Following essential steps could save your pet’s life during a natural disaster

By Lorenzo Benet
June 08, 2009 11:45 AM

Last June, when severe wildfires broke out in Santa Cruz County, Calif., in the middle of the day, animal services supervisor Todd Stosuy was one of a handful of emergency workers on the scene to help evacuate residents. Rushing door to door, he alerted homeowners but also began rescuing scores of pets who were home alone while their owners were at work.

As the fast-moving fire blazed through the neighborhood and burned more than a dozen homes, what Stosuy found in one backyard broke his heart. “There were two large dogs in a pen and they had been burned to death,” he tells PEOPLE Pets. “You just wonder the terror they must have felt as the fire approached and they had no way of getting out.”

The tragic scene wasn’t uncommon for Stosuy, a board member of the National Animal Control Association, which maintains guidelines for rescue workers in disaster areas. He says such tragedies can be avoided if pet owners take precautions and have plans in place with neighbors if they aren’t home. His protocols don’t just apply to wildfire zones: People living in communities prone to tornadoes, hurricanes, earthquakes and floods need to have an emergency plan for the safety of their pets. “When I was going door to door in the fire, we didn’t have any idea how many animals were inside and what kind of animals were in the home,” he says.

In disasters, minutes count and the lives of pets and livestock may depend on a well-executed plan. As we enter the summer months, Stosuy recommends pet owners take the following essential steps in planning for a disaster:

1. Post a sticker on a window facing the street identifying the pets living there, specifying breed, color, animal’s name, and hiding places indoors. “That can save rescuers a lot of time because they’ll know what they’re looking for,” he says. Also, keep a list of medical needs in a visible spot, like a window or refrigerator.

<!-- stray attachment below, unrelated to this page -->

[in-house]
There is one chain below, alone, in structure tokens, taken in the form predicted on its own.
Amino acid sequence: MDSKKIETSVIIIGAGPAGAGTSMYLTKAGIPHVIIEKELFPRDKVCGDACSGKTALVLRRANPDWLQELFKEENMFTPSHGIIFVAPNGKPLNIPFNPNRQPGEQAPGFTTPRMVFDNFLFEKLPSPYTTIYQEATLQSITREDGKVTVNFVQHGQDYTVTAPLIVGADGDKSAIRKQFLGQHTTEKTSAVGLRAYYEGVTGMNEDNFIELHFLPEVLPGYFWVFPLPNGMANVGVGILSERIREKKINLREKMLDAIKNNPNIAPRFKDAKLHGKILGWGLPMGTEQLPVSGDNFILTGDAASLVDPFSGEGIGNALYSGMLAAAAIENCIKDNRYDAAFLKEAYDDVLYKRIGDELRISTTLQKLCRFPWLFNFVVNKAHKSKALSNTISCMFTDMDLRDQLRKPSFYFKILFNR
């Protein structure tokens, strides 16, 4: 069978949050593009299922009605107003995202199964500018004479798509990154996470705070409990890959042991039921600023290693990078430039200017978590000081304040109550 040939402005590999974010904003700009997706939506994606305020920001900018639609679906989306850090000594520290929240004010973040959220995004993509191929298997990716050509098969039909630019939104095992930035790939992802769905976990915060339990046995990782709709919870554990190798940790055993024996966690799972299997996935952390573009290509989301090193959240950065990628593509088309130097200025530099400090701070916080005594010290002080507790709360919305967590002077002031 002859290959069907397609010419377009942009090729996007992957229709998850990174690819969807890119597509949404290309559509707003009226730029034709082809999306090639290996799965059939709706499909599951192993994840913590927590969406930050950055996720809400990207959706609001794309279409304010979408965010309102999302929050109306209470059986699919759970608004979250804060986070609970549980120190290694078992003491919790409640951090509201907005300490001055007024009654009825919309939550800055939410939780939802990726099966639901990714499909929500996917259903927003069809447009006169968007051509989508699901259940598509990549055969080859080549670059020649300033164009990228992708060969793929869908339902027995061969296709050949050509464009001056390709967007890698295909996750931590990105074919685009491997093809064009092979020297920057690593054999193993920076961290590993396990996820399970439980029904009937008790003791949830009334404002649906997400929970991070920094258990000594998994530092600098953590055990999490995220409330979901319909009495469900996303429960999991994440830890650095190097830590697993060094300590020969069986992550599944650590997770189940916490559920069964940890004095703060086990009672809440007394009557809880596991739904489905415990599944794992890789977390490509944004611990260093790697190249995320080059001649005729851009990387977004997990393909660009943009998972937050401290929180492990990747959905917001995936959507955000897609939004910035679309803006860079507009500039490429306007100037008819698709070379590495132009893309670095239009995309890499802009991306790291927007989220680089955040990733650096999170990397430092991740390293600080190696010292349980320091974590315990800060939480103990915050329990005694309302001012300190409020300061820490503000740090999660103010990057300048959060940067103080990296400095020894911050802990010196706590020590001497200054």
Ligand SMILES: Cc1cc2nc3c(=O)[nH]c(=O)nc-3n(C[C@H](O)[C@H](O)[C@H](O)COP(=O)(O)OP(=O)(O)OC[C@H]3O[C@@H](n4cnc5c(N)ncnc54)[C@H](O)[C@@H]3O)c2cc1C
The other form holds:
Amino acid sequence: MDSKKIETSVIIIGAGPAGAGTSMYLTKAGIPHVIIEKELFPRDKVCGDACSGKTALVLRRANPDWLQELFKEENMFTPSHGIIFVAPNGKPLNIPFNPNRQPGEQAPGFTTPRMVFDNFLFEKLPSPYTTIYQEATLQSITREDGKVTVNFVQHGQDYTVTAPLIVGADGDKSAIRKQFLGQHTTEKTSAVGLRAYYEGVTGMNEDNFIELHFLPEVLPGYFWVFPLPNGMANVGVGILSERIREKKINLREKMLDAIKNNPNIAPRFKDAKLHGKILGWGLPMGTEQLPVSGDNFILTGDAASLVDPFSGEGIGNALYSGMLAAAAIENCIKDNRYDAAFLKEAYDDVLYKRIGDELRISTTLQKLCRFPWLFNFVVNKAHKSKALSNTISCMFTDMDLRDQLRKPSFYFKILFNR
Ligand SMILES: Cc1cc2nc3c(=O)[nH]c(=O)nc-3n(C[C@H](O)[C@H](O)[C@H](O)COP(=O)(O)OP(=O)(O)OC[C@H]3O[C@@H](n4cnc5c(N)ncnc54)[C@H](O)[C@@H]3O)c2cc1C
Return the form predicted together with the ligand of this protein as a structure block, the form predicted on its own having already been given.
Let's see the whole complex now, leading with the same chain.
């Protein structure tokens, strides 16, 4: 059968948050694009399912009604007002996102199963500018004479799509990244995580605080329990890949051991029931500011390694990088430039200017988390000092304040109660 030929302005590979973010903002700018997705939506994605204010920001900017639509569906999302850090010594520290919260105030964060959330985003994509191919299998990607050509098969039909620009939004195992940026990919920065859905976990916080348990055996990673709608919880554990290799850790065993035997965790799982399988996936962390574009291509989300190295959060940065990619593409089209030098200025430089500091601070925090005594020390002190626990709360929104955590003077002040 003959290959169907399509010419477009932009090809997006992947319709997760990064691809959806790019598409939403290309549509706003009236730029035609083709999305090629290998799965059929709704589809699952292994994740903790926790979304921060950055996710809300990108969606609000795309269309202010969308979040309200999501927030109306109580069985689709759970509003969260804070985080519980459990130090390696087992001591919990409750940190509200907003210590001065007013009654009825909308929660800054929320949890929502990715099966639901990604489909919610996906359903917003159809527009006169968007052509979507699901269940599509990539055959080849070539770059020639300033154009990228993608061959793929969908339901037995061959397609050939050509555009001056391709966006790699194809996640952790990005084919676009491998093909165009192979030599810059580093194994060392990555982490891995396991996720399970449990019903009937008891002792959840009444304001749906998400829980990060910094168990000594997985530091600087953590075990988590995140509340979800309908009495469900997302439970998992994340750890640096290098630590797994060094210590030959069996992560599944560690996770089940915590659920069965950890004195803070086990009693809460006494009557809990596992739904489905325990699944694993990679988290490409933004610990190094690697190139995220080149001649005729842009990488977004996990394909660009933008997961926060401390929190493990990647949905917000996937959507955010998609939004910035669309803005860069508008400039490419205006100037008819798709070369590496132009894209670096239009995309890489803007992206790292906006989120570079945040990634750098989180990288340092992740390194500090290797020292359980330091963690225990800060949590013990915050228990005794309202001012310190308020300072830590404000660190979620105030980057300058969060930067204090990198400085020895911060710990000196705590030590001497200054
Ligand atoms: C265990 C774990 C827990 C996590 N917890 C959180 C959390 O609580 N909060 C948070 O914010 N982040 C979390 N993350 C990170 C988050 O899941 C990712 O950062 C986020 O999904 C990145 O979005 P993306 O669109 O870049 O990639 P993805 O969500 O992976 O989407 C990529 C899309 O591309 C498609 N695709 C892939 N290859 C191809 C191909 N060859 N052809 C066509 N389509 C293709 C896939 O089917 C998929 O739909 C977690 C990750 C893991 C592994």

2. Coordinate with neighbors and friends who can help your animals if you’re out of town or away at work. “If a neighbor had known those dogs were in a pen, they could have opened the gate and evacuated them, or let them run away,” he says. “Animal services can’t always be there.”

3. If you’re in a hurry to leave and can’t find a hidden pet, leave the house but keep open the doors of your home so the animal has a fighting chance of getting out alive.

4. Have your pets micro-chipped. “I wish it were a law,” Stosuy says, referring to the procedure offered by many animal shelters of injecting a microchip inside your pet containing the owner’s contact information. A control officer can then activate the chip and reunite the animal with the owner.

5. Exchange keys and disaster plans with a neighbor who can evacuate your animal if you are not home when disaster strikes. Give your neighbor your pet’s information including special needs or medications and make sure your neighbor is comfortable handling your animal.

6. Find places that can accommodate your pet if you have to evacuate; consider pet-friendly hotels, animal shelters, veterinarians, kennels and/or the home of a loved one.

7. Prepare a list of these locations and telephone numbers and store them with your pet’s emergency kit (see step 9).

8. Practice loading your pet into their carrier and your vehicle to familiarize them with the process and to increase their comfort level.

9. Create a pet emergency kit, which should include some of the following items and be kept in a container that can be easily carried: water, a can opener, pet dishes, pet carrier with identifying information on it, blanket, harness/collar or leash, medicines and dosages, and a first-aid kit.

10. Information is key when a pet is separated from its owner. It’s smart to keep the following information with your pet emergency kit; give it to your neighbors and put it on your refrigerator:

* Pet owner’s name
* Phone numbers
* Pet’s name
* Species
* Breed
* Age
* Sex
* License number
* Microchip number
* Other identification (tattoo, leg band, etc.)
* Physical characteristics (include color, markings, etc.)
* Behavioral characteristics (such as afraid of loud noises, biter, etc.)
* Medical information (medical condition, medications and dosages, etc.)
* Feeding schedule (special dietary needs)
* Vaccinations (rabies, etc.)

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